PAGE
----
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Status Play

Open-space Learning in Real World Contexts*

Workshop Practice:Status Play

View as a PDF (PDF Document) Status Play

1. Description:

Status is often used in actor training and applied theatre as a way of introducing character-based improvisation to a group. It is accessible to both inter-cultural and inter-generational groups as it distances role to a numerical scale from one to ten. You will need a pack of playing cards, with all picture cards removed. Suits are irrelevant but the ace cards must be used as the lowest card. First, define status as one’s behavioural power in relation to space and other bodies (whilst acknowledging a more complex social definition exists outside of this room). Introduce and model the ace card and lower numbers (2-4) as low status and ask for examples of low status behaviour. Then introduce and model high status (numbers 8-10) and ask for examples of high status behaviour. Indicate that medium status (5-7) will require neutral or flexible behaviours. Allow all members of the group to select a card at random and not reveal this card to other participants. The stages of the introductory activity are as follows:

a) every participant should find a space to create a still image clearly showing their status number;

b) they should then move as their status number but not yet interact with other bodies;

c) once they have found a way of moving in the space, they can begin to interact with other bodies non-verbally;

d) they can add speech once a relevant scenario has been suggested (e.g. academic conference).

Without revealing their status number, the participant should now create a status scale in a diagonal line across the space. The final stage of this section would be to reveal each number one by one, with other members of the group identifying specific examples of physical behaviours that created the illusion of this status number.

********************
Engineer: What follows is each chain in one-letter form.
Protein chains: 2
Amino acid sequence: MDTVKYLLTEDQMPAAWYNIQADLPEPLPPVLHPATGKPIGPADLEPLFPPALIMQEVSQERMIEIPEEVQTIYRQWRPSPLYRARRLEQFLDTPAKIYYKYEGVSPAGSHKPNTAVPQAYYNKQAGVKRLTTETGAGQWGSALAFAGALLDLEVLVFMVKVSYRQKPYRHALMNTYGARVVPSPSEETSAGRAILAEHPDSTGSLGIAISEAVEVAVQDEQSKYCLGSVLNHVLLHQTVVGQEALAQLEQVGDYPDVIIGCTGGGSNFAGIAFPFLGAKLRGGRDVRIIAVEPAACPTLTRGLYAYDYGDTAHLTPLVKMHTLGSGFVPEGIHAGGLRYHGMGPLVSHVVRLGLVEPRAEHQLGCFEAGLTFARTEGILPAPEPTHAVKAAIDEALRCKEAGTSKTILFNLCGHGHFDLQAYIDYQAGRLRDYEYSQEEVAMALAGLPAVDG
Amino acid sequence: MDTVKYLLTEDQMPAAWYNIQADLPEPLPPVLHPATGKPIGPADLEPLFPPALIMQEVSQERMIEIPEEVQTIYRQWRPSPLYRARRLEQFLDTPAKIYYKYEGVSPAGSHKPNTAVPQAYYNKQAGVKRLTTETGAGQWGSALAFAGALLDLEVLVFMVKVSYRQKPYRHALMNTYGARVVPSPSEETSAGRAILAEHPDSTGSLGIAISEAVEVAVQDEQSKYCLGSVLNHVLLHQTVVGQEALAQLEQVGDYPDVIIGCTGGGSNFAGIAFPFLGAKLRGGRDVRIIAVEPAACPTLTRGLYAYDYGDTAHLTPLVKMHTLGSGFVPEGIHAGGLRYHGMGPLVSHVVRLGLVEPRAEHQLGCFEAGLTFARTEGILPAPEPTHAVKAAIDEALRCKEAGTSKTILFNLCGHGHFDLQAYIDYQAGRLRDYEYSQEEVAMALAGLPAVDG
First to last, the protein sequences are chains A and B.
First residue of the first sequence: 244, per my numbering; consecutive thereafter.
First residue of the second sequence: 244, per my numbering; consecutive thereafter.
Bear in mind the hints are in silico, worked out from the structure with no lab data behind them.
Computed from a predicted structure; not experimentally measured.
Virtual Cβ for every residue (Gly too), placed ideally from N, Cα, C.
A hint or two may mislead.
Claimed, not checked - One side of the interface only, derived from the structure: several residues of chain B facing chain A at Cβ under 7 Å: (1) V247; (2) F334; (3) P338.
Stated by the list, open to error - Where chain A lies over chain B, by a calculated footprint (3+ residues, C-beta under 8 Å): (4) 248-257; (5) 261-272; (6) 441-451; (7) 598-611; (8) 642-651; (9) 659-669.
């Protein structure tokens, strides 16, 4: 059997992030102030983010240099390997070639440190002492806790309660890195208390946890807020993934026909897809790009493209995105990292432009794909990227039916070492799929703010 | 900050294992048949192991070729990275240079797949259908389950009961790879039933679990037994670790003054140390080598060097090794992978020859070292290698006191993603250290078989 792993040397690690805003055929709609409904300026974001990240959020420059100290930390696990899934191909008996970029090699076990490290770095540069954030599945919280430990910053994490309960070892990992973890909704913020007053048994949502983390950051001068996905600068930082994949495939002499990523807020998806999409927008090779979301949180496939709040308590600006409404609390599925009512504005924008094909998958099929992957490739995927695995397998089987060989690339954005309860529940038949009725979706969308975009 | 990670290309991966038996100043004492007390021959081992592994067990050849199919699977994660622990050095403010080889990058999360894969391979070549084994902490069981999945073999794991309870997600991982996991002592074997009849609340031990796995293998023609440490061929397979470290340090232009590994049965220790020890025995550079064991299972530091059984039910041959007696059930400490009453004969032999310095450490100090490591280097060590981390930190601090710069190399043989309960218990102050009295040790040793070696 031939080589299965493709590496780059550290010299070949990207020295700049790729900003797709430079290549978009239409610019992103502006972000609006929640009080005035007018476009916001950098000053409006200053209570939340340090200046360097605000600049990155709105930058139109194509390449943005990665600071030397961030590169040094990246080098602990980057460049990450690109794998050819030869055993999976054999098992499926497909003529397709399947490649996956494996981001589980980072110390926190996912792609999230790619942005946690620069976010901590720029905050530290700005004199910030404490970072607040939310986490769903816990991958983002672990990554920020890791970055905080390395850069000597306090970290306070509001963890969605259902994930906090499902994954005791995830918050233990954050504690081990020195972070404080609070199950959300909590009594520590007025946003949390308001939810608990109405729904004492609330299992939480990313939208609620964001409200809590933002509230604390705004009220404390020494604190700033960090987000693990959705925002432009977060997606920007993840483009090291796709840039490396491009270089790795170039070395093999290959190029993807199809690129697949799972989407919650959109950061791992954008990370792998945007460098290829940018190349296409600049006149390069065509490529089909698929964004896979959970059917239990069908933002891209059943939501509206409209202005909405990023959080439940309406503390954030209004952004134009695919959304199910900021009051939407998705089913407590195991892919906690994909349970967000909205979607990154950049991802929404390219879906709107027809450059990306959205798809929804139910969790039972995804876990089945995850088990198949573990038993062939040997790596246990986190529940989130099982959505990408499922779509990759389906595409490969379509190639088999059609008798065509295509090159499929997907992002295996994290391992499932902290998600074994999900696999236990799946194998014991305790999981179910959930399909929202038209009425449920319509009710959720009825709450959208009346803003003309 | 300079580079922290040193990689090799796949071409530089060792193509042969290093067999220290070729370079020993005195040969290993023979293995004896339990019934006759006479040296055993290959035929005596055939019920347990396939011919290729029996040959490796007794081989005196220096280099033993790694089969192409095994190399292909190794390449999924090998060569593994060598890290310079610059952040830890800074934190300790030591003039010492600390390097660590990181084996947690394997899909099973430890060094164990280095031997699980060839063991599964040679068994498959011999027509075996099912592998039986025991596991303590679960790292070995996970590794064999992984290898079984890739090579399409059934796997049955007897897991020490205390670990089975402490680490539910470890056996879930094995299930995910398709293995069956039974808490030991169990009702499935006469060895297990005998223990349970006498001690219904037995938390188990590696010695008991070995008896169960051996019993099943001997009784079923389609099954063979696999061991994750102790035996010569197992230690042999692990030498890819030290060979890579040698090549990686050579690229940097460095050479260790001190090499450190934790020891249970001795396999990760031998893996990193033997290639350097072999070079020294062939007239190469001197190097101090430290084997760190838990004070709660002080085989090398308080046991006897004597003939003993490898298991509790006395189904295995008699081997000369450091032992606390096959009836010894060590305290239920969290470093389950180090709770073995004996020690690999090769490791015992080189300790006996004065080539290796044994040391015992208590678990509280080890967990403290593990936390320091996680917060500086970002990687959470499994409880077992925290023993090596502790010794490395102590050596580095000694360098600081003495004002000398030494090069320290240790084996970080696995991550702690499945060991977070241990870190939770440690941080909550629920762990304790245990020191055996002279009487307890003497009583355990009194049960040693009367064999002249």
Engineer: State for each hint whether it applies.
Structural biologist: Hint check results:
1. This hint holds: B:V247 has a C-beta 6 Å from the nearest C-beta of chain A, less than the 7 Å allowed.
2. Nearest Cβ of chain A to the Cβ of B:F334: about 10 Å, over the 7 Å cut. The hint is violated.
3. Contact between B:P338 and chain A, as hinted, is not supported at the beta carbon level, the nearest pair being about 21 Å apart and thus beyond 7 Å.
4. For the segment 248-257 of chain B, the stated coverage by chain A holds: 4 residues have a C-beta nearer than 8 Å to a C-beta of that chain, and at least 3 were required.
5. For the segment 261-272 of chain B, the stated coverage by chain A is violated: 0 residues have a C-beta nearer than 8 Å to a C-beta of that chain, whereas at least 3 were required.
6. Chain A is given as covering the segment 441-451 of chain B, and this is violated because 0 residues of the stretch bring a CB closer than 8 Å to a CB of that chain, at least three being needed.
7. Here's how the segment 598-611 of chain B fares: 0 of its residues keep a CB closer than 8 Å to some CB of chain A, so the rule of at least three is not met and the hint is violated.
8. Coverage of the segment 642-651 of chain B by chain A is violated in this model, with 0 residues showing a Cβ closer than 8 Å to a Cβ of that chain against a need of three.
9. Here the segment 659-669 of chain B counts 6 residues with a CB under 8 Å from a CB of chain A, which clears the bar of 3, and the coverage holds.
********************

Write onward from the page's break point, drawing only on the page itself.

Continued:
2. Learning Possibilities:

There are various ways to develop this concept, once you have introduced it to the group, but you should be aware that it is actually a constantly shifting continuum which creates one way of reading body language in social settings. At best, the activities allow non-practice based students to open up their physical expressiveness, enabling more flexible and dynamic encounters in future work. Essentially, this is an improvisation tool and it is a good way of introducing enactive approaches and role-play to non-performers.

3. Examples

Business: We have successfully used status work with both undergraduate and postgraduate students of Business, Cultural Policy and Management. Using status exercises, the participants can practice for presentational environments and consider the role of spontaneity and creativity in entrepreneurial settings.

Academic Training: We have also used these methods in the skills development of early career academics. It is specifically useful in creating an inter-disciplinary learning environment and encouraging participants to be more playful with knowledge production. This approach also helps respond to the phenomena known as status anxiety and/or impostor syndrome.

English Literature: These exercises have an obvious benefit to studies of dramatic literature, but may also provide a creative learning opportunity to students of prose and poetry from any period. Fundamentally, this work can help analyse characters and situations in new and exciting ways.

For more detailed information on Status:

Johnston, Keith. 2007. Impro: Improvisation and the Theatre. London: Methuen.

Panet, Briget. 2009. Essential Acting. London: Routledge.

*A National Teaching Fellowship Scheme project, funded by the Higher Education Academy, 2009-11.